Studying Church History

Austin Childress Researched Separation of Church and State as Undergraduate Scholar

Studying Church History

The topic Austin Childress chose to study for his Undergraduate Research Scholars project has been debated for hundreds of years across the globe—the separation of church and state. Childress received his bachelor’s degree in 2019 in discipleship studies with a minor in biblical studies from Gardner-Webb University. He is a student in the GWU Accelerated Pastoral Ministries Program (APMP) and is currently pursuing his Master of Divinity in Christian education. Students in APMP finish their bachelor’s and master’s degrees in five years.

“I chose to look into this topic because of my own frustrations with the lack of teaching regarding the issue in our local churches,” Childress observed. “I mostly spent my time looking at the history of the relationship of church and state. I was trying to draw a sort of ‘roadmap’ of what has happened, with the hope of using that information to make a case for Christians supporting separation of church and state, as well as seeing it as a good thing.”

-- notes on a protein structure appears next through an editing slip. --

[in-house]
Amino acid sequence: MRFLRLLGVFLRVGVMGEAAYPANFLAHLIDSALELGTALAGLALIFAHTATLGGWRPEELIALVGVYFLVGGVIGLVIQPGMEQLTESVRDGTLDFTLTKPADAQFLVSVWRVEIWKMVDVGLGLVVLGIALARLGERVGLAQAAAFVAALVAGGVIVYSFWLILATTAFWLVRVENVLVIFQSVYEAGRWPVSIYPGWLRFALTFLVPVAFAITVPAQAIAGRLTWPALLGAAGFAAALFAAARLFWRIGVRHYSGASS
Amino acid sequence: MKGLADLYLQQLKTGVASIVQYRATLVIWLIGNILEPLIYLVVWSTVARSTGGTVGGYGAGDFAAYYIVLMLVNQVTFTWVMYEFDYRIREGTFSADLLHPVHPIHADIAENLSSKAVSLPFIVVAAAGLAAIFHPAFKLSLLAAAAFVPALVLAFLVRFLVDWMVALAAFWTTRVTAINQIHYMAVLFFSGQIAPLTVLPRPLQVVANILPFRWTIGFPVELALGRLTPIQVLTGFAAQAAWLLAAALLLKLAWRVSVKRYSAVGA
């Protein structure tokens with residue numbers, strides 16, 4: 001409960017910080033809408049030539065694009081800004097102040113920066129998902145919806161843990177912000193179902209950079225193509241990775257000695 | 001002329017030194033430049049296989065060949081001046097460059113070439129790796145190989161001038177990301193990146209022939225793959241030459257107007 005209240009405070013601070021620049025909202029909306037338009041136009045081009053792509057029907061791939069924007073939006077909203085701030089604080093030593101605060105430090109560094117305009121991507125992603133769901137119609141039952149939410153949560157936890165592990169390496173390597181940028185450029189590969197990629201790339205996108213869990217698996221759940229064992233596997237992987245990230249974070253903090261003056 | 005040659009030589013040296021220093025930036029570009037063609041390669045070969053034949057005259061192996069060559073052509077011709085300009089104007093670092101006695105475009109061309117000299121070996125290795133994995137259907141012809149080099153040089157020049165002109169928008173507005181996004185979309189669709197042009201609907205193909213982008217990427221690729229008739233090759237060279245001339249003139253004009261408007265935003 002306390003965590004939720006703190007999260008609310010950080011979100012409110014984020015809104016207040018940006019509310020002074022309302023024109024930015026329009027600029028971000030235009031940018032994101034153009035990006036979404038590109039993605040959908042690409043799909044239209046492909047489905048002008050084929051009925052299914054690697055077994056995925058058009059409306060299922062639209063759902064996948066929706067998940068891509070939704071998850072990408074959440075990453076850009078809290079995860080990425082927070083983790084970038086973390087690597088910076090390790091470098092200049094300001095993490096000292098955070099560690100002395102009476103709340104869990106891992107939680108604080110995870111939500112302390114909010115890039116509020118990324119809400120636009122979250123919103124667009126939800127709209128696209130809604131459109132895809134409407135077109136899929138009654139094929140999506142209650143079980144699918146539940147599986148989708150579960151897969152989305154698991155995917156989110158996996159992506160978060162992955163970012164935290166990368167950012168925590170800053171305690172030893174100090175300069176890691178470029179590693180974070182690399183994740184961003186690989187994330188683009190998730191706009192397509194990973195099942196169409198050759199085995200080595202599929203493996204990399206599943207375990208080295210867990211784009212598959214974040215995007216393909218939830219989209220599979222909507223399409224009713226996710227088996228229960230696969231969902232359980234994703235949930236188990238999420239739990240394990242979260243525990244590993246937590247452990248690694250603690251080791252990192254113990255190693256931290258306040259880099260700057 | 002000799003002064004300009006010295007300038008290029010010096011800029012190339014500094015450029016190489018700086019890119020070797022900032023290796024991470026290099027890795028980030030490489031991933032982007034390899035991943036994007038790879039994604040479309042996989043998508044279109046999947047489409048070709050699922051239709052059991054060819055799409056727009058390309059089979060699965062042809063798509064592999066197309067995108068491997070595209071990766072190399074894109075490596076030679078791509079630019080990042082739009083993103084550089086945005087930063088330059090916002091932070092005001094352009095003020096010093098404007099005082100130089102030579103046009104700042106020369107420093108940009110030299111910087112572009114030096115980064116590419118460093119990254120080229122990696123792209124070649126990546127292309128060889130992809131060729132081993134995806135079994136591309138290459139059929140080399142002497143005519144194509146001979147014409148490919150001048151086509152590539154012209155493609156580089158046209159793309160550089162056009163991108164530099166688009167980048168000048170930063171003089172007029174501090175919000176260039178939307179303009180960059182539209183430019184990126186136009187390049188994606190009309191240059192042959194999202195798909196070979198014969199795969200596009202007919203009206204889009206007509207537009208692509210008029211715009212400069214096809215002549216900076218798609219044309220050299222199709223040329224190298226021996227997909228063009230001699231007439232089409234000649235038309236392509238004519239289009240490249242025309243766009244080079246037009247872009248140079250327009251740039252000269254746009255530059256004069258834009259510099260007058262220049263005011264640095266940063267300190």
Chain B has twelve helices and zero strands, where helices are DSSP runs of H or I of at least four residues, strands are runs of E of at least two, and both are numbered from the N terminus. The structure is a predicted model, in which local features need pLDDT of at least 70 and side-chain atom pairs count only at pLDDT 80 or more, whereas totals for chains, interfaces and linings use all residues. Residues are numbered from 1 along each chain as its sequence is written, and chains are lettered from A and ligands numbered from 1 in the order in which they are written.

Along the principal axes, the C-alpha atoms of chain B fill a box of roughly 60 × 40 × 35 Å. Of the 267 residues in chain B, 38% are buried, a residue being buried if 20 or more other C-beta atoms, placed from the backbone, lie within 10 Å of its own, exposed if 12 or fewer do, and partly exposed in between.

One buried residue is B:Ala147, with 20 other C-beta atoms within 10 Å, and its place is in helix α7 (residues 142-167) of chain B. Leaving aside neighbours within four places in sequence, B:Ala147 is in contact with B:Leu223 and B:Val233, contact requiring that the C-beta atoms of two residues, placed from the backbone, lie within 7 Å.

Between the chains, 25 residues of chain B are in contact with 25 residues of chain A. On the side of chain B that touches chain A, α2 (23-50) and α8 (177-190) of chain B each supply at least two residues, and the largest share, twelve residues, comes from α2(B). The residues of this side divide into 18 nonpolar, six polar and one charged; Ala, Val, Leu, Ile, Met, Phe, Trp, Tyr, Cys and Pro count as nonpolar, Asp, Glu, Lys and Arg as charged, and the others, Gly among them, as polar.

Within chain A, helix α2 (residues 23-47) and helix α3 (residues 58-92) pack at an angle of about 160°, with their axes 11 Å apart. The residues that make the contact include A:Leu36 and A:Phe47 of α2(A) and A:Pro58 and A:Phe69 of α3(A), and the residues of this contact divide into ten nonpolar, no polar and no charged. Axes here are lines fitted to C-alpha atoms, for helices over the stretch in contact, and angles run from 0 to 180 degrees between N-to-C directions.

Childress was one of 15 students who received a grant in 2019 from the GWU Undergraduate Research Program. Scholars spend five weeks working on their topics for 40 hours a week. At the same time, students are mentored by a faculty member, who provides information and guidance.

Dr. Eddie Stepp, professor of religious studies, was Childress’ mentor. “Dr. Stepp helped me stay on task, as well as recommended good sources for me to look into,” he noted. “I especially appreciated him just listening to me talk about the project, because many of my best insights came from those conversations.”

Childress’ goal is to pursue his doctorate and teach Christian history. “I think that by understanding the past, we can learn and prepare in the present and for the future,” he asserted. “My project supported me in this endeavor by adding more to my knowledge and picture of history.”